Chocolate product and process for producing the same

- Kraft Foods R&D, Inc.

The present invention relates to a process for the manufacture of a chocolate product involving the use of hydrated salt, hydrated sugar or hydrated sugar alcohol in the underlying chocolate mass and comprising the steps of refining, conching and optionally tempering of the chocolate mass. The invention further relates to a chocolate product comprising a chocolate mass comprising certain weight proportions of hydratable salt, hydratable sugar or hydratable sugar alcohol, as obtainable by the process of the invention.

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Description

CROSS REFERENCE TO RELATED APPLICATIONS

This application is a U.S. national phase application of International Application No. PCT/US2012/054432, filed Sep. 10, 2012, designating the United States, which claims benefit from EP Application No. 11180877.0, filed Sep. 12, 2011, both of which are hereby incorporated herein by reference in their entireties.

FIELD OF THE INVENTION

The present invention is directed to a process for the manufacture of a chocolate product involving the use of a certain weight proportion of hydrated salt, hydrated sugar or hydrated sugar alcohol in the underlying chocolate mass and comprising the steps of refining, conching and optionally tempering of the chocolate mass. The invention is further directed to a chocolate product comprising certain weight proportions of hydratable salt, hydratable sugar or hydratable sugar alcohol, as obtainable by the process of the invention. The invention is particularly useful for the manufacture and provision of a heat-resistant chocolate product.

BACKGROUND OF THE INVENTION

Heat-resistant chocolate products containing chocolate or chocolate compound are of particular interest for consumers in countries with a hot climate, or during the hot seasons, where conventional chocolate products become soft and sticky when temperatures exceed 30° C. Heat-resistant chocolate products may be represented by solid chocolate tablets or bars as well as compounded or enrobed products such as chocolate-coated wafers, chocolate-containing biscuits or the like.

Various processes have been published which are said to provide heat-resistant chocolate products.

U.S. Pat. Nos. 6,488,979 and 4,980,192 describe methods for preparing heat-resistant chocolate by admixing a polyol, such as glycerol or sorbitol, with a conventional chocolate mass. One drawback of these methods resides in the short working time before the mixture is firming up.

U.S. Pat. Nos. 5,149,560, 5,160,760, 5,486,376 and 6,165,540 describe similar methods using water-in-oil emulsions. The use of an emulsified polyol is said to prolong the working time.

GB 1,000,159 discloses describes the manufacture of a heat resistant chocolate article by adding a first mass of sweetened non-conched chocolate, of which the greater part of the sugar is amorphous, to a second mass of conched chocolate containing sugar in crystalline form. The mass is conventionally tempered, followed, by shaping and cooling. After hermetically wrapping, the product is stored for between 10 and 60 days at 20° C. and 35° C.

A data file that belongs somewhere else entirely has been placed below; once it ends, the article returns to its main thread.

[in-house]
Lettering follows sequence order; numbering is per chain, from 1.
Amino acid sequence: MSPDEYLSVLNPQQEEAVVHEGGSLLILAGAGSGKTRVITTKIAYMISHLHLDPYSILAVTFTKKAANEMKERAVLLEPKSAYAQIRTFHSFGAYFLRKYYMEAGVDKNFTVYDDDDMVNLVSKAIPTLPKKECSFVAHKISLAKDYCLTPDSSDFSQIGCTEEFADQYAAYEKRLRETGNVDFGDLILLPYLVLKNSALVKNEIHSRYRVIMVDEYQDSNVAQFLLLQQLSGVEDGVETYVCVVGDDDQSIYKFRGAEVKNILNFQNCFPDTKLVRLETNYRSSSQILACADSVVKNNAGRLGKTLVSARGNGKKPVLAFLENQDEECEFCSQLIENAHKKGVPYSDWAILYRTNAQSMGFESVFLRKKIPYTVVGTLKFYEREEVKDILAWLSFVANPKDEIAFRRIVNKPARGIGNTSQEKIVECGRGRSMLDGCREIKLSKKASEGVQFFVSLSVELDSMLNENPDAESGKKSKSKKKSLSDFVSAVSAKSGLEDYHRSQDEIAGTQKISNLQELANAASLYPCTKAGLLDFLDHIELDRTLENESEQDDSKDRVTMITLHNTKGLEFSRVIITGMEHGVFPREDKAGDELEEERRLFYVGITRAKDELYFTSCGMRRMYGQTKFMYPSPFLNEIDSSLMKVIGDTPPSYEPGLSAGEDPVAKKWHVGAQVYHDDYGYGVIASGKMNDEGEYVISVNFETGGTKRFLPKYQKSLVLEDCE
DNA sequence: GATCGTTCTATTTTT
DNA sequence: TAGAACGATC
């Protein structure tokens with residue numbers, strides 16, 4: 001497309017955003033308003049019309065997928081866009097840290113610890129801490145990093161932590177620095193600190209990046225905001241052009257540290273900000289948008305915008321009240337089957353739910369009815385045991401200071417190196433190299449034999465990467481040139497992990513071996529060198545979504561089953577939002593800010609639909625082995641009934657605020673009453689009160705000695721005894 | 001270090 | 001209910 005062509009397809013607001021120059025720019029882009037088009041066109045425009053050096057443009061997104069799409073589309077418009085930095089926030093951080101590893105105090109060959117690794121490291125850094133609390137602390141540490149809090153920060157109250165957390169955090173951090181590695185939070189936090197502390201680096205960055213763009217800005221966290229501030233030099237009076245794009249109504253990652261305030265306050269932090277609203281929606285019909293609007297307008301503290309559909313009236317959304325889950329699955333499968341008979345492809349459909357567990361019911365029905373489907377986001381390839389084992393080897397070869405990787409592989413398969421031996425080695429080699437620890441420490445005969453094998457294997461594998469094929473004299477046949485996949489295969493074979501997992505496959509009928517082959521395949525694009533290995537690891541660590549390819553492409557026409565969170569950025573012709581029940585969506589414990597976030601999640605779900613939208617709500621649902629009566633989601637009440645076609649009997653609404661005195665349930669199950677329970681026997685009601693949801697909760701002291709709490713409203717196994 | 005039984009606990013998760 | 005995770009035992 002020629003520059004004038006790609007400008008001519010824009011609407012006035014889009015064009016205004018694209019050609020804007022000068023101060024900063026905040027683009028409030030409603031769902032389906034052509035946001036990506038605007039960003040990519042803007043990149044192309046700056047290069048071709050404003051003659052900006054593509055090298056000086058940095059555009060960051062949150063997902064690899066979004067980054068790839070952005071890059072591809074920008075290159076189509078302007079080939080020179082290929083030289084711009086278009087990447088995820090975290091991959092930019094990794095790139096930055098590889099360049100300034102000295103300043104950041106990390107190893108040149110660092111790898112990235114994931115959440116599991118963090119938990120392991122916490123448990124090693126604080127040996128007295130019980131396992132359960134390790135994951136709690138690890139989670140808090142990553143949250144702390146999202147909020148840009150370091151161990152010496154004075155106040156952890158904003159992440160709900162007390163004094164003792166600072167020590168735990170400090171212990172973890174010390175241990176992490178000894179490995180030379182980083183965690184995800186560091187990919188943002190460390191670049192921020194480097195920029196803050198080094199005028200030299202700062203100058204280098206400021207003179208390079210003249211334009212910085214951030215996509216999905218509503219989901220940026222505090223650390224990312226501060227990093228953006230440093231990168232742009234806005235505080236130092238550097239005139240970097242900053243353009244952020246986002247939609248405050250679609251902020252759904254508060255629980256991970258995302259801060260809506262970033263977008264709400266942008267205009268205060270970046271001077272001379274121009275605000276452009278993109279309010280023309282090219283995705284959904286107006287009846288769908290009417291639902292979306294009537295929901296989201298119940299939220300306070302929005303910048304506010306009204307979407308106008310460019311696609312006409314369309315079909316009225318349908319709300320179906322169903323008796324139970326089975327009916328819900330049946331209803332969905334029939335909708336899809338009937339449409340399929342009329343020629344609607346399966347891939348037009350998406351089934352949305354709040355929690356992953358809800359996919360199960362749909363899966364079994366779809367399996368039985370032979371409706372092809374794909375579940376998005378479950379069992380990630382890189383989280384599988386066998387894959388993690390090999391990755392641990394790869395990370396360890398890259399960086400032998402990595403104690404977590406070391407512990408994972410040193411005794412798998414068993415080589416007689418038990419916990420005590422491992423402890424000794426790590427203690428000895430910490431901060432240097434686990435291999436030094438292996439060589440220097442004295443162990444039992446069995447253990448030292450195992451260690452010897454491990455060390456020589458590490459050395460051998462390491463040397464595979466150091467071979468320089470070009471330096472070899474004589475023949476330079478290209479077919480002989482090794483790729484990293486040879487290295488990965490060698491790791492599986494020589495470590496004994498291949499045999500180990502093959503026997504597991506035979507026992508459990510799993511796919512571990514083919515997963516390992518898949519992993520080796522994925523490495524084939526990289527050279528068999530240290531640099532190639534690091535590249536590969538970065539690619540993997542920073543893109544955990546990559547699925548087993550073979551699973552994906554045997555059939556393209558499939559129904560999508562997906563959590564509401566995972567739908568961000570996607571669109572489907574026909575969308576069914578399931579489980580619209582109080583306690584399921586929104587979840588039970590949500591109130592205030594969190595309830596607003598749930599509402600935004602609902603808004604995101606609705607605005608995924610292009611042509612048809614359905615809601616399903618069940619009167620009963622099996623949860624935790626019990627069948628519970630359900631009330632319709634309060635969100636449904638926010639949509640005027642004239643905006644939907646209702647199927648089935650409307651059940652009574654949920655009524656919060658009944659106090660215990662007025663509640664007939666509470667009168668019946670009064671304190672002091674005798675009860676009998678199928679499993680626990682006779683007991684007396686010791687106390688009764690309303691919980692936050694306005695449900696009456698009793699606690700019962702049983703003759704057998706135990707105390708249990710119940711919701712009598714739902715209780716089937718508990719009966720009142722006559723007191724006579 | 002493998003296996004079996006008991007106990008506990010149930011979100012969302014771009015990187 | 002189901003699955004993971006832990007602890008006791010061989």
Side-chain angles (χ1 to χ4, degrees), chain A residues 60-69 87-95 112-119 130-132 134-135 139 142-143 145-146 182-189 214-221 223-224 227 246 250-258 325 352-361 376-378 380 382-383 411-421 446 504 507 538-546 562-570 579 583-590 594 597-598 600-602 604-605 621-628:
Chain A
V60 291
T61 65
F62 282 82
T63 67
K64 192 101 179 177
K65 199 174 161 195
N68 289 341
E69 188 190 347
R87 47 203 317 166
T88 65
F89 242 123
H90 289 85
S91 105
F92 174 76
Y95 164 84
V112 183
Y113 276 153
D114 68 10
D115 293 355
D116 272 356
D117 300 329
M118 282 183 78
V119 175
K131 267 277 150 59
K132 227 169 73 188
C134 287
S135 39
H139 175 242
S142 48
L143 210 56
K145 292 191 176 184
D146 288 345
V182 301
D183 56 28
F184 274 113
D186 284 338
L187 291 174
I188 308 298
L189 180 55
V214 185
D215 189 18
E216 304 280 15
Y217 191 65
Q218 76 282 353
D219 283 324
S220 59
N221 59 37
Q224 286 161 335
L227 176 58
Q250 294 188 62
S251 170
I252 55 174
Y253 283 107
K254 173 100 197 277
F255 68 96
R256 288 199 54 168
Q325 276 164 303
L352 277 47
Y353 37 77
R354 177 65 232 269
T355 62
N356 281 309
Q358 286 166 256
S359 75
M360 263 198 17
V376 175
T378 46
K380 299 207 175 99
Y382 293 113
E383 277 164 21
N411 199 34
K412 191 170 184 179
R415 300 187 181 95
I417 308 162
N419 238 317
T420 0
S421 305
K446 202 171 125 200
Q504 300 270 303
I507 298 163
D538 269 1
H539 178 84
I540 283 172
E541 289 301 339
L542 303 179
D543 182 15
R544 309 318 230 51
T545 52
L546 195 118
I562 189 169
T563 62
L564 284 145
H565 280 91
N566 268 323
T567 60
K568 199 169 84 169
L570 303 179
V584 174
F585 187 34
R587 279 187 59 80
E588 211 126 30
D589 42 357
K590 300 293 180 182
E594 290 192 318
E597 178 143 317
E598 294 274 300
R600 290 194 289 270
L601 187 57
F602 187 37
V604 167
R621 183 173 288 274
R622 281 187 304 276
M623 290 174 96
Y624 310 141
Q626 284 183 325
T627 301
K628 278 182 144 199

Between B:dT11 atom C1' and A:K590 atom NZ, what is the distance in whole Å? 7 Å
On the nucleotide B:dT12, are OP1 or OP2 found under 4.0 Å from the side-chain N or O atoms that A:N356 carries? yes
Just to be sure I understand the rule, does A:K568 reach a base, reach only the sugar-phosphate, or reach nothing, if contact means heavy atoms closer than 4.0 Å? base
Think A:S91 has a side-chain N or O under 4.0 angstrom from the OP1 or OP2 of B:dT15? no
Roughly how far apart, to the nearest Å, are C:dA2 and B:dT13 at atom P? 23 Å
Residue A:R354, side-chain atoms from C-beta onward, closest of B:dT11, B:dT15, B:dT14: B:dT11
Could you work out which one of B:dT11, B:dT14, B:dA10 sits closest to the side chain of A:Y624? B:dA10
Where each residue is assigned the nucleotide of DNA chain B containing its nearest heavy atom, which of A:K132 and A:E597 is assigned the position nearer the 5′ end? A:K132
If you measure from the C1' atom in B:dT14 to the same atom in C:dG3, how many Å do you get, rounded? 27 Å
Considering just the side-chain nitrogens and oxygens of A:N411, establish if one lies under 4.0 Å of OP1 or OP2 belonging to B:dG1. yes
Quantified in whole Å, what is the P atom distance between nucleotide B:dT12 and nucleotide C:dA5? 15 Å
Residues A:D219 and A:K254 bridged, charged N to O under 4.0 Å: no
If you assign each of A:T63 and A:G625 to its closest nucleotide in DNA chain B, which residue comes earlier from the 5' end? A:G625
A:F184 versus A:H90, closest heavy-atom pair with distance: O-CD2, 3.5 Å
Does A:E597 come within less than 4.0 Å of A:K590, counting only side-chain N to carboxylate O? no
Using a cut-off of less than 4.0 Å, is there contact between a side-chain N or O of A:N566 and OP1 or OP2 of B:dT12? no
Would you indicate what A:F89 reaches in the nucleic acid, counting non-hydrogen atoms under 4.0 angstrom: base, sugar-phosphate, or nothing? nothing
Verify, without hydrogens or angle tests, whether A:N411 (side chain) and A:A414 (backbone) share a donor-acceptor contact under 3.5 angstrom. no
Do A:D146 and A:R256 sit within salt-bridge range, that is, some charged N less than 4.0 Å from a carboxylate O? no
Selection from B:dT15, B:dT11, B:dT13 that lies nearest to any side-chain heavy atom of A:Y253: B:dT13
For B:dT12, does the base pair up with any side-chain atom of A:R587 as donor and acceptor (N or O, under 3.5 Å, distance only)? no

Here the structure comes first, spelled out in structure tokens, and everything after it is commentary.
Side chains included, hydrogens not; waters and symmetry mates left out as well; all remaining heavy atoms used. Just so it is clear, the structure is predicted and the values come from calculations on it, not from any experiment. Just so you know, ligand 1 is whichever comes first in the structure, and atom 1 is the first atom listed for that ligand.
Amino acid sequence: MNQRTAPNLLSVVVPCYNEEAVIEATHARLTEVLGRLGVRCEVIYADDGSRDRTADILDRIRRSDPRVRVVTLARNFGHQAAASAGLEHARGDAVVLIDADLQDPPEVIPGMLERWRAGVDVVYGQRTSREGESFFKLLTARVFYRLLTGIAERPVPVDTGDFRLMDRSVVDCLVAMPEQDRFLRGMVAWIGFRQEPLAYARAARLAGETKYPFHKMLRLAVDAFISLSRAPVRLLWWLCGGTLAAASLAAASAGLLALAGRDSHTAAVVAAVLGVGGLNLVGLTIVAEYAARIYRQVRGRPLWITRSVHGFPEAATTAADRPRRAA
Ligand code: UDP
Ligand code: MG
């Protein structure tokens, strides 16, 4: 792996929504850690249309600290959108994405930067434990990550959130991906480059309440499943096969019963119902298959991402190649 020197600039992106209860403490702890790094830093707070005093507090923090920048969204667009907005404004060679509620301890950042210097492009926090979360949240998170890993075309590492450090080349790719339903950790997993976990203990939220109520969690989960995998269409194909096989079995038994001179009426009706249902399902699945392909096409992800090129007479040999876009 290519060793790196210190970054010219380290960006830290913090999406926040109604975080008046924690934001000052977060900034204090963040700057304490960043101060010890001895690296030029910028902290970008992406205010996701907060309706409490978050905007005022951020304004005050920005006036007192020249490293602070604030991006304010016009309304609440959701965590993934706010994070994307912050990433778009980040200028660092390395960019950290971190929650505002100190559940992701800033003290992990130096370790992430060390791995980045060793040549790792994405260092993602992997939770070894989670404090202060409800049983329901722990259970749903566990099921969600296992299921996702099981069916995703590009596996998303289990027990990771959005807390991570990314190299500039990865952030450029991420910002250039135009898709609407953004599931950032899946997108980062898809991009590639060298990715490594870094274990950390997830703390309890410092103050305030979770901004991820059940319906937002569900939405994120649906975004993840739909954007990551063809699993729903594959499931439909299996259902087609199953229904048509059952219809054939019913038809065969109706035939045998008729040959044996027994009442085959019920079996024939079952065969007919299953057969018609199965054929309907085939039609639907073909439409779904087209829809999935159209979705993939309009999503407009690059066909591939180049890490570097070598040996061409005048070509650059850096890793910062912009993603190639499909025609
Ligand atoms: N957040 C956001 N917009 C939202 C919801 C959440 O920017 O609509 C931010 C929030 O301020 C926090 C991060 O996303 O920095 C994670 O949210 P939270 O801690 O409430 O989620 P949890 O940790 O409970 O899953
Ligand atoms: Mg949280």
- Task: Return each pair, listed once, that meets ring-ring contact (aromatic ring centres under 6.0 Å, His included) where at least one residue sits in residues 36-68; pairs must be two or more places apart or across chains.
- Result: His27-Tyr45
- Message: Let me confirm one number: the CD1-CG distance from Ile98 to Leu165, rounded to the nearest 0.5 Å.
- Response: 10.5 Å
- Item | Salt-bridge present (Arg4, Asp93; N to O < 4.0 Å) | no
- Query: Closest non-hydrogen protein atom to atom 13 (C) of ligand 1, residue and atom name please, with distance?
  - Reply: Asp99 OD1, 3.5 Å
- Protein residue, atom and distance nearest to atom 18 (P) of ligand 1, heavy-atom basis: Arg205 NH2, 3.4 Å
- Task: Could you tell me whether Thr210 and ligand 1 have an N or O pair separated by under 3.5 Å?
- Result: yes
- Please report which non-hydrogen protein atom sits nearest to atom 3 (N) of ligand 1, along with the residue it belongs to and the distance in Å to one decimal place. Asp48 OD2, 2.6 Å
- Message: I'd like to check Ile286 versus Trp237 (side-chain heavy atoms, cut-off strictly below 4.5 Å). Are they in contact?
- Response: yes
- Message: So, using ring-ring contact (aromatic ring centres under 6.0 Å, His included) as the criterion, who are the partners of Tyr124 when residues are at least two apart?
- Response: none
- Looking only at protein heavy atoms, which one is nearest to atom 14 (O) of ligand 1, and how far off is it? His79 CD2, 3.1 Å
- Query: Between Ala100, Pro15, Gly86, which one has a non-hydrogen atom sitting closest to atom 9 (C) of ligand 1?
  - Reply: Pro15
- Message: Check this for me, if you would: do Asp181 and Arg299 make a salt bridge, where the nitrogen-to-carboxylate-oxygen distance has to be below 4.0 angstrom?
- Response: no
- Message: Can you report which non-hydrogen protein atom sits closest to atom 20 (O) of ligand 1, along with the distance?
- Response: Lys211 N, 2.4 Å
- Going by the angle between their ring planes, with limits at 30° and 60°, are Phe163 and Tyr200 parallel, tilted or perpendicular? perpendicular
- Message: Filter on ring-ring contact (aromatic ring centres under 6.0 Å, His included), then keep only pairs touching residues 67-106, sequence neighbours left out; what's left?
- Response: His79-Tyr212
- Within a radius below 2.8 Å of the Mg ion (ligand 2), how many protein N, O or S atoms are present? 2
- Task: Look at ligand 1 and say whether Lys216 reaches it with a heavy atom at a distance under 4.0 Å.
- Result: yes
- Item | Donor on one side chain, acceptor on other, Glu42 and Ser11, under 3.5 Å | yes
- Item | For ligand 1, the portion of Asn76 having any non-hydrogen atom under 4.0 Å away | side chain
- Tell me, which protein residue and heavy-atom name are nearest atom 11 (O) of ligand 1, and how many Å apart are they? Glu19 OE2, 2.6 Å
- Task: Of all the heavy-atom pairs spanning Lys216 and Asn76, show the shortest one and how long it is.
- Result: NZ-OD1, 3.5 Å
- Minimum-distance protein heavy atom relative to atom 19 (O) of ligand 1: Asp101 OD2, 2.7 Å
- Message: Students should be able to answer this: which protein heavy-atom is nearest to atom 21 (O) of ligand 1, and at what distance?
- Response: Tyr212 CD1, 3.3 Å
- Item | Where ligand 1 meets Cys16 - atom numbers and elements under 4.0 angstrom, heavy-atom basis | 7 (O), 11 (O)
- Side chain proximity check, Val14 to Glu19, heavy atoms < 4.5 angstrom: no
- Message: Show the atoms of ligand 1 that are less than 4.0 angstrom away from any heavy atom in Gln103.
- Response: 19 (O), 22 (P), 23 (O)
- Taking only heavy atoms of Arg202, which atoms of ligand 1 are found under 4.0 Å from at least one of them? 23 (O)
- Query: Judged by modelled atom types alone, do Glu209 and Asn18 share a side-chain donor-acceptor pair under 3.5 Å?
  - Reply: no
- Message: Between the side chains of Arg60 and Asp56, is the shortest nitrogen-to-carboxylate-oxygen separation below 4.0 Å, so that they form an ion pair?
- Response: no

EP 1 673 977 discloses a process for manufacturing heat-resistant chocolate making use of an accelerated curing by microwaving.

U.S. Pat. No. 5,474,795 describes a reduced-fat chocolate product prepared using a sucrose fatty acid polyester in place of the conventional cocoa butter constituent and dextrose or blends of dextrose and sucrose in place of the conventional sweetener. The chocolate product is prepared by combining and refining the required ingredients and conching them at about 60 to 80° C.

It is an object of the present invention to provide a process which can, at similar or reduced, efforts and with conventional machinery, provide a chocolate product, such as chocolate in tablet (block) form or as a coating, with improved heat resistance, shelf-stability at elevated temperatures and sensory characteristics, or a balance thereof.

SUMMARY OF THE INVENTION

In a first aspect, the invention provides a process for the manufacture of a chocolate product comprising the steps of refining, conching and optionally tempering a chocolate mass which comprises

    • (A) one or more fats selected from cocoa butter, cocoa butter alternatives, milk fat and vegetable fats which are liquid at standard ambient temperature and pressure, wherein the total amount of the fats is 15 to 35 wt. %, and
    • (B) one or more of hydrated salts, hydrated sugars and hydrated sugar alcohols, wherein the total amount of hydrated salts, hydrated sugars and hydrated sugar alcohols is 1 to 15 wt. %,

wherein the temperature of the chocolate mass during refining, conching and optional tempering does not exceed 50° C.

In a second aspect, the invention provides a chocolate product comprising

    • (A) one or more fats selected from cocoa butter, cocoa butter alternatives, milk fat and vegetable fats which are liquid at standard ambient temperature and pressure, wherein the total amount of the fats is 15 to 35 wt. %, and